A review of Levi’s ‘The Underground Railroad’

A review of Levi’s ‘The Underground Railroad’

What is the author’s primary argument/thesis?

‘The Underground Railroad’ by Levi Coffin entails the legendary network of homes and other facilities that aided in the successful escape of slaves from the slave holding southern states to freedom in the states to the North, in addition towards Canada. This was a tough era for African American slaves known as Niggers/ Negros, who toiled for 6 days, from morning until late in the evening, at their slave-owners estates. Human conditions were dire being worsened by their treatment, because of the existent laws (Coffin).

Perceived as ‘less than human’, the slaves would be treated in the most inhumane ways leading to the ‘revolutionary stand’ that is best espoused by the existent Underground Railroad. The major theme/ argument, revolutionary change/ reaction, represents the actions and experiences of not only the escaping slaves, but also that of the conductors, abolitionists, railway activists and other individuals who aided in this remarkable fete. Support for this ideal, is entailed in the following sections.

Evidence of Support the Author gives to defend and/or prove the Argument/Thesis

This revolutionary perspective was necessitated by the slow process of change meant to change the existent laws, despite the increasing costs of suffering which the slave community experienced. Thus, this ideal led to the resultant network of secret ‘safe houses’ and routes both towards the North and into Mexico.       Levi’s guiding principal was based on his divine endeavor to fulfill the Bible’s injunctions, his life placed in the Almighty’s hands. Divine interpretation thus, enhanced the revolutionary measures that were laced with great risks and unknown eventualities (Coffin).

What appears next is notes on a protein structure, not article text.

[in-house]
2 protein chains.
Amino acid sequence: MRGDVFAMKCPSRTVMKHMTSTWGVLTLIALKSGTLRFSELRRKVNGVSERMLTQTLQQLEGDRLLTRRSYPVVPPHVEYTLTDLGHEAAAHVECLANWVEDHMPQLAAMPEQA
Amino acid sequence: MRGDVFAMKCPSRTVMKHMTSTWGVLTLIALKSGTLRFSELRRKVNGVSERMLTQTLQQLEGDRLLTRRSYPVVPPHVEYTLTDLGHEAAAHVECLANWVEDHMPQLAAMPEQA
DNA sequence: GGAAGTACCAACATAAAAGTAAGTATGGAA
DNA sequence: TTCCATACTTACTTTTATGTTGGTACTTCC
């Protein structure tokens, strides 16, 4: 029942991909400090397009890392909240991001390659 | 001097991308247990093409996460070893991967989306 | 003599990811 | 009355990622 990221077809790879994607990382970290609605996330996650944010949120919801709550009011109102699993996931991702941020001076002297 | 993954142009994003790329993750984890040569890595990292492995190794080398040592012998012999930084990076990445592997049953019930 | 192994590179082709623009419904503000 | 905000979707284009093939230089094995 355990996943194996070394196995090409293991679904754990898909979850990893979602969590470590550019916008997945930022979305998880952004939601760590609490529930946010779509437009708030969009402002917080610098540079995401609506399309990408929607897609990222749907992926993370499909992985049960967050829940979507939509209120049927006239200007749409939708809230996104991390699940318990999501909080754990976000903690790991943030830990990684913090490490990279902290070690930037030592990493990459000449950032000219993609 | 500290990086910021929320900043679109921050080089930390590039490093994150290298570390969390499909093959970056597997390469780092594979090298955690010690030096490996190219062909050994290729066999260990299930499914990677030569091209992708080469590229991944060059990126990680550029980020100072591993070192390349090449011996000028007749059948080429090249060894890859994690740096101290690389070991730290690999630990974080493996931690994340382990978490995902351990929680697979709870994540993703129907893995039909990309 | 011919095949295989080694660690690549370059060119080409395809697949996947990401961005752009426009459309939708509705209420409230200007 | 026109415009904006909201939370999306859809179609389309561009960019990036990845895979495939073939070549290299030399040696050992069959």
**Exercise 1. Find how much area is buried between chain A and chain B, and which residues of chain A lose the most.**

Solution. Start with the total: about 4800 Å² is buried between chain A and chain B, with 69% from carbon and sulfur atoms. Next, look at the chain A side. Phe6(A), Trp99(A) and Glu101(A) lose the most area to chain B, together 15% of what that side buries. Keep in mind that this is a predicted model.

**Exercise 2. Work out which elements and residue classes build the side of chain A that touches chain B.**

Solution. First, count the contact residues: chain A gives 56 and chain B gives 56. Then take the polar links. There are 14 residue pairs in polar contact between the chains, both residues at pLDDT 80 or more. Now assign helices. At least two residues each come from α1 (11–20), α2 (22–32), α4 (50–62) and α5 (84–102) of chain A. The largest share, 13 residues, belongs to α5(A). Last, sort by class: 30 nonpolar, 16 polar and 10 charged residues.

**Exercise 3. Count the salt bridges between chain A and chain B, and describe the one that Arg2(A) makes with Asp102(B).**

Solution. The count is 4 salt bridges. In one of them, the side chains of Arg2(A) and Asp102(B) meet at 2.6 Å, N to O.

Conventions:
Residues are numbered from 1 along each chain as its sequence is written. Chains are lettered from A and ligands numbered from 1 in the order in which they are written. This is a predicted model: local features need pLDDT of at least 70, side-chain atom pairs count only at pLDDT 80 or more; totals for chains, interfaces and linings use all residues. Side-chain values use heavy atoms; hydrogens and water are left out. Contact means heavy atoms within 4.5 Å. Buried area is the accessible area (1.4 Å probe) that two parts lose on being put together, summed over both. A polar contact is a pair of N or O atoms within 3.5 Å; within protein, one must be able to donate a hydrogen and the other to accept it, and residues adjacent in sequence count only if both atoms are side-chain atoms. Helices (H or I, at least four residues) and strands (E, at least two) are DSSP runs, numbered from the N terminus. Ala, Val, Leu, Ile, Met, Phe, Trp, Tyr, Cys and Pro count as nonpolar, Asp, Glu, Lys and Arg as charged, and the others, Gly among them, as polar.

Though his business suffered because of fewer customers due to his slave-aiding activities, he was soon to recover, his business prospects increasing. This was due to an increase in settlements to the north of his town, and also because of higher volumes of emigrants; thus his business sales increased beyond his wildest expectations. This being a proof of the ‘divine guidance’ present in his slave-aiding endeavors. His home’s central location, to three principal lines from the south, best placed him in fulfilling his divine role; with the resultant consequences notwithstanding. Further encouraging him was the present role of others, both whites and blacks (specifically abolitionists) and conductors, who took great steps in aiding the fleeing slaves (Coffin).

The Strengths of the Article

The article’s strengths include the abovementioned, and the variant of slaves who were aided successfully out of the south. Young ladies would volunteer in making clothing, food and beverages for the frequent ‘guests’ who would often be weary, hungry and lacking in proper clothing. Also aiding in the above was the presence of various associations/ organizations primarily focused on anti-slave matters, such as the ‘Anti-Slavery Sewing Society’ among others.  Further encouraging was the presence of Dr. Way, a warm and friendly man, who cared for the slaves and engaged in similar anti-slavery issues, matters or activities (Coffin).